The Canary Islands – Spanish Archipelago - The Traveller


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Monday, July 21, 2014

The Canary Islands – Spanish Archipelago

Canary Islands
The Canary Islands also known as the Canaries are a Spanish archipelago which is situated off the northwest coast of Africa mainland around 100 kilometres west of the southern border of Morocco. The Canaries are one of the 17 autonomous communities of Spain and among the exterior region of the proper European Union.

The islands from the largest to the smallest include Tenerife, Fuerteventura, Gran Canaria, Lanzarote, La Palma, La Gomera, El Hierro, La Graciosa, Alegranza, Isla de Lobos, Montana Clara and Roque del Oeste. The islands has a population of 2 million wherethe major island have well developed communication system, ports and airport making the Canary Islands a major European tourist destination.

The population is a mixture of Spanish, European – British and German, South American, especially Venezuelan and Cuban together with Northern and sub-Sahara African. Besides these, there are also a small section of historical minorities like Indian, Russians and Koreans.

Tenerife is the largest and the most popular island of the archipelago while Gran Canaria has around 865,070 inhabitants and is both the Canary Island’s second most popular island as well as the third most popular one in Spain after Majorca. Fuerteventura Island is the second largest in the archipelago which is located 100 m from the African coastline.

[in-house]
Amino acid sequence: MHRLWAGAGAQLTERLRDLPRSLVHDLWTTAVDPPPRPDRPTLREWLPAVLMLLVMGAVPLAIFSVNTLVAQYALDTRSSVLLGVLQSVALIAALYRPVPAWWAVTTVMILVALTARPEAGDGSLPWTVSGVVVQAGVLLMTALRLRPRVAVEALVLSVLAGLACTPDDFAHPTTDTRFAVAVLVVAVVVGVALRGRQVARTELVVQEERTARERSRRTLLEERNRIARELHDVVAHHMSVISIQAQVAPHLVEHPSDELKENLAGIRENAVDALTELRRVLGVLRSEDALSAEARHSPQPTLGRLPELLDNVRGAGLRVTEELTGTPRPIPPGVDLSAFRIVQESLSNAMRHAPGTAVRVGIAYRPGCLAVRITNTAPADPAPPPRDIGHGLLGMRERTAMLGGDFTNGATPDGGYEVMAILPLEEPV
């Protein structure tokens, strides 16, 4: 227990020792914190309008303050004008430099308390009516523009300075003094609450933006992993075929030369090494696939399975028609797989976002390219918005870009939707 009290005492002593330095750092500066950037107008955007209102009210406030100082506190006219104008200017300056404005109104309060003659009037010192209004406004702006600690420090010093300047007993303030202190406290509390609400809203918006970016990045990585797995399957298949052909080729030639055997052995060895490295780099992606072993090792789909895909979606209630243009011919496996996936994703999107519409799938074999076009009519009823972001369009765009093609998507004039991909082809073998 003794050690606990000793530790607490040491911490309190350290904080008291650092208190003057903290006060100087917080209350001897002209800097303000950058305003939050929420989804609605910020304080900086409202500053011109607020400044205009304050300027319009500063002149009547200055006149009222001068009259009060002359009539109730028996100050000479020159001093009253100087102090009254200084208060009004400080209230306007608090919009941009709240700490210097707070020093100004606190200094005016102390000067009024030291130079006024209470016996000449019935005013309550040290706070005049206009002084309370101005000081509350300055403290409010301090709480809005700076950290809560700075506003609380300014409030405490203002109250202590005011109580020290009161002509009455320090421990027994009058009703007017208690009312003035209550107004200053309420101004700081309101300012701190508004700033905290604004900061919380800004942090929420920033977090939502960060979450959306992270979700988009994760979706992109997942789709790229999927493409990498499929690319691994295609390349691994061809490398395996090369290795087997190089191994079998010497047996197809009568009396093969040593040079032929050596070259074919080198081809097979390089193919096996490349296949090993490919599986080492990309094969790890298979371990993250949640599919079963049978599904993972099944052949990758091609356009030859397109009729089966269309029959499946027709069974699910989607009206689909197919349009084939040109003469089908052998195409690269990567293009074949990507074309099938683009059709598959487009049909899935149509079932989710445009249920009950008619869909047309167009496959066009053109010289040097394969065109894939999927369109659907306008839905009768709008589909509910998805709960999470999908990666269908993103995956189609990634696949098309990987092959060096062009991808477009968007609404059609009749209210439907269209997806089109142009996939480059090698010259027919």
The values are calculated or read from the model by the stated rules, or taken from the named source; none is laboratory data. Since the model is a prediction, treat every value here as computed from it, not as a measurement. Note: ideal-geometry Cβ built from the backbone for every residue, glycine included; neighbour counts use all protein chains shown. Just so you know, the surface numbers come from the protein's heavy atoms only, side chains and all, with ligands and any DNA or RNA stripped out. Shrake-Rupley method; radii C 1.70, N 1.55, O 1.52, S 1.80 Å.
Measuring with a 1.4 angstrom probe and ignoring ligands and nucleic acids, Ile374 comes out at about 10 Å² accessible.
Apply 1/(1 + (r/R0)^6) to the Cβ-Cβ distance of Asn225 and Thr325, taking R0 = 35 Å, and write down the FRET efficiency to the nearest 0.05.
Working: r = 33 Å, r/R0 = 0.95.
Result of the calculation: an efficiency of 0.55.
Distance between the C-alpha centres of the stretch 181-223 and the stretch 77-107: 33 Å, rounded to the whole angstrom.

The Volcanic Islands – Steep Ocean Cliffs

With the Azores, Cape Verde, Madeira and the Savage Isles, the islands form the Macaronesia ecoregion. The archipelago also comprises of seven large together with several smaller islands which are volcanic in origin.

The originally volcanic islands were formed by the Canary hotspot and is the only place in Spain where volcanic eruptions which have been recorded during the Modern Era. On Tenerife, the Teide volcano is the highest mountain in Spain and also the third tallest volcano on Earth on a volcanic ocean island.

 Four of the islands namely Tenerife, La Palma and El Hierro have historical records of eruption since the European discovery and all the islands with the exception of La Gomera have been active in the past years.

The volcanic islands like those in the Canary chain have steep ocean cliffs which are the result of catastrophic debris, landslides and avalanches.

Less Rivers or Source of Fresh Water

Since there are less rivers or sources of fresh water, clean drinking water has been a problem on the island besides other problems with regards to erosion, depletion of nearby marine life as well as the general degradation of coast and tourist locations.

 The seven islands for some time were considered the poorest regions of Spain and has begun to prosper bringing the Canaries closer to the mainland which only decades ago was an afterthought to mainland Spain.

The Canary Islands are very European, modern and liberal. Ancient legend considered the Canary Islands as the lost islands of Atlantis and has been referring it as the land without sorrow, holding on to the edge of the world.

The first to arrive and settle there on the island were the North Africans in the 10th century BC; who were known as Phoenicians. During the 14th century, the Canary Islands were invaded continuously by various European countries.

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